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Acta Diabetol. 1996 Dec;33(4):284-90.

Impaired glucose tolerance and its co-variates among 2079 non-diabetic elderly subjects. Ten-year mortality and morbidity in the CASTEL study. CArdiovascular STudy in the ELderly.

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  • 1Department of Clinical and Experimental Medicine I, University of Padova, Italy.


This study evaluated the role of impaired glucose tolerance (IGT) as a risk factor in a general population of 2079 non-diabetic elderly subjects. The 10-year cardiovascular morbidity was similar in normal and IGT subjects. Mortality was greater in IGT, but the Cox equations of the hazard rate were different in younger and older subjects: age, sex, lung function (forced expiratory volume in 1 s, FEV1), serum uric acid, IGT and proteinuria were predictors of overall mortality in the age class 65-79 years, while only the first 4 were associated with cardiovascular mortality. The same four items also predicted overall survival in subjects over 79 years old, while only age and uric acid were predictors of cardiovascular mortality. In older subjects, total cholesterol showed an inverse predictive value. Hyperuricaemia (> 6.4 mg/dl) and proteinuria did predict mortality in normal but not in IGT subjects, while reduced FEV1 (< 60% theoretical) was predictive in all. In 65-79-year old subjects IGT predicted mortality provided that FEV1 was normal, while in those 380 years old IGT was not a predictor. These interrelationships should be taken into account to better understand the factors underlying mortality.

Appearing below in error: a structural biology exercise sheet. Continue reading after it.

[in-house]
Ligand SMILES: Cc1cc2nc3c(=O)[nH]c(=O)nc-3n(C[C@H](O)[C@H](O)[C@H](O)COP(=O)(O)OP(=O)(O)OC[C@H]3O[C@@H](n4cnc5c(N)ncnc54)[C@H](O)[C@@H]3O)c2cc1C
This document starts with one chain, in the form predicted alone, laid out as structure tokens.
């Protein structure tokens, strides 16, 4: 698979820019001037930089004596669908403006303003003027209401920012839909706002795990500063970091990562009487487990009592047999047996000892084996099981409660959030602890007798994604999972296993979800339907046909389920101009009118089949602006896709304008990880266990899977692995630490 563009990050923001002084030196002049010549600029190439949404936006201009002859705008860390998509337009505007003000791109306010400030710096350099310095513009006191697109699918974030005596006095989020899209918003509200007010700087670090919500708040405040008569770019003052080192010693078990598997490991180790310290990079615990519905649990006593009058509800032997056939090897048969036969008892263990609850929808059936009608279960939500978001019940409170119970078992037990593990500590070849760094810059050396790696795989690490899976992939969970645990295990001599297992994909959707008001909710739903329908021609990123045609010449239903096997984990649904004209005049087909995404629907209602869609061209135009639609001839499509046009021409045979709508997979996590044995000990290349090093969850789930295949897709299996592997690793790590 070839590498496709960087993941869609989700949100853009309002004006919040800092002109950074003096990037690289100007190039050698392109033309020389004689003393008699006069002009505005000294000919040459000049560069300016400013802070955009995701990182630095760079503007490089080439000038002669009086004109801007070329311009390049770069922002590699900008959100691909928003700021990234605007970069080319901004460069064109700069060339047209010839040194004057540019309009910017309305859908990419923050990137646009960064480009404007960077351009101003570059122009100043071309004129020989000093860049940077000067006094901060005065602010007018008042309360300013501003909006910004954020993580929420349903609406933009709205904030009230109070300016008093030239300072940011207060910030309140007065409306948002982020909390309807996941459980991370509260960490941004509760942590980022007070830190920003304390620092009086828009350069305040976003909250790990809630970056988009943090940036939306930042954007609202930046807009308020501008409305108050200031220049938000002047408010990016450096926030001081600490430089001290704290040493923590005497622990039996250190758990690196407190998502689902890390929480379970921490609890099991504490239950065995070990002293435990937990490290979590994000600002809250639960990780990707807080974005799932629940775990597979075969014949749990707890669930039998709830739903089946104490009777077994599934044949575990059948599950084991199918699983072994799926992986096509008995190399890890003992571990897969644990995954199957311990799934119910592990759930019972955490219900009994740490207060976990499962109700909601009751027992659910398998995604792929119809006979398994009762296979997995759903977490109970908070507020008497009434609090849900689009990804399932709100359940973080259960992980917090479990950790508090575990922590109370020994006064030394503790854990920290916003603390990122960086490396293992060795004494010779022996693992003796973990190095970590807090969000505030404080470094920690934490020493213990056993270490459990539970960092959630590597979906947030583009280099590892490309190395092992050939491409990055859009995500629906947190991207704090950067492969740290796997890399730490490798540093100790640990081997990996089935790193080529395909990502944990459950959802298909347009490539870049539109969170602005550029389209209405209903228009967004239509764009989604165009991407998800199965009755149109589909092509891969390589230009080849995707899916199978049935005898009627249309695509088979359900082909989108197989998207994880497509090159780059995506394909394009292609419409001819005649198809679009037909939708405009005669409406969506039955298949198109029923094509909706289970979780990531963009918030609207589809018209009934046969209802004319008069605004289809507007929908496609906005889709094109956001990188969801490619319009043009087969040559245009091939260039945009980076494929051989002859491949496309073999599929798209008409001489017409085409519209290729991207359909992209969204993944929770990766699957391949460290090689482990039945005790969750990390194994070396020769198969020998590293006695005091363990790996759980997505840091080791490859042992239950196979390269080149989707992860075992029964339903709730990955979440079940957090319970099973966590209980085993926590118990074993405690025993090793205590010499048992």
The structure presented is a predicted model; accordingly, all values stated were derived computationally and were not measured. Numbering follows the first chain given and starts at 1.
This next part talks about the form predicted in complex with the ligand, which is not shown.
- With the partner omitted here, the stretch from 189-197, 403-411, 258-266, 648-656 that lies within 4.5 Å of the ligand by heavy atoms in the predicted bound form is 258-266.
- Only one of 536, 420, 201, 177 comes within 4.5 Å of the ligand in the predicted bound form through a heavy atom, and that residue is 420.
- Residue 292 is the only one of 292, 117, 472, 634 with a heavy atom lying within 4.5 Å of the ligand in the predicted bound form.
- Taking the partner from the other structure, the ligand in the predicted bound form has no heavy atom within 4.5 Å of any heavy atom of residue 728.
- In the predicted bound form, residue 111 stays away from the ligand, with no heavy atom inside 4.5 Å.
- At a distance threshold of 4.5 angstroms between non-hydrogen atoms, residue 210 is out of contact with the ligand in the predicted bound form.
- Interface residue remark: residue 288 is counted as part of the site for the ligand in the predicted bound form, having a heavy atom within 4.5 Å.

[PubMed - indexed for MEDLINE]
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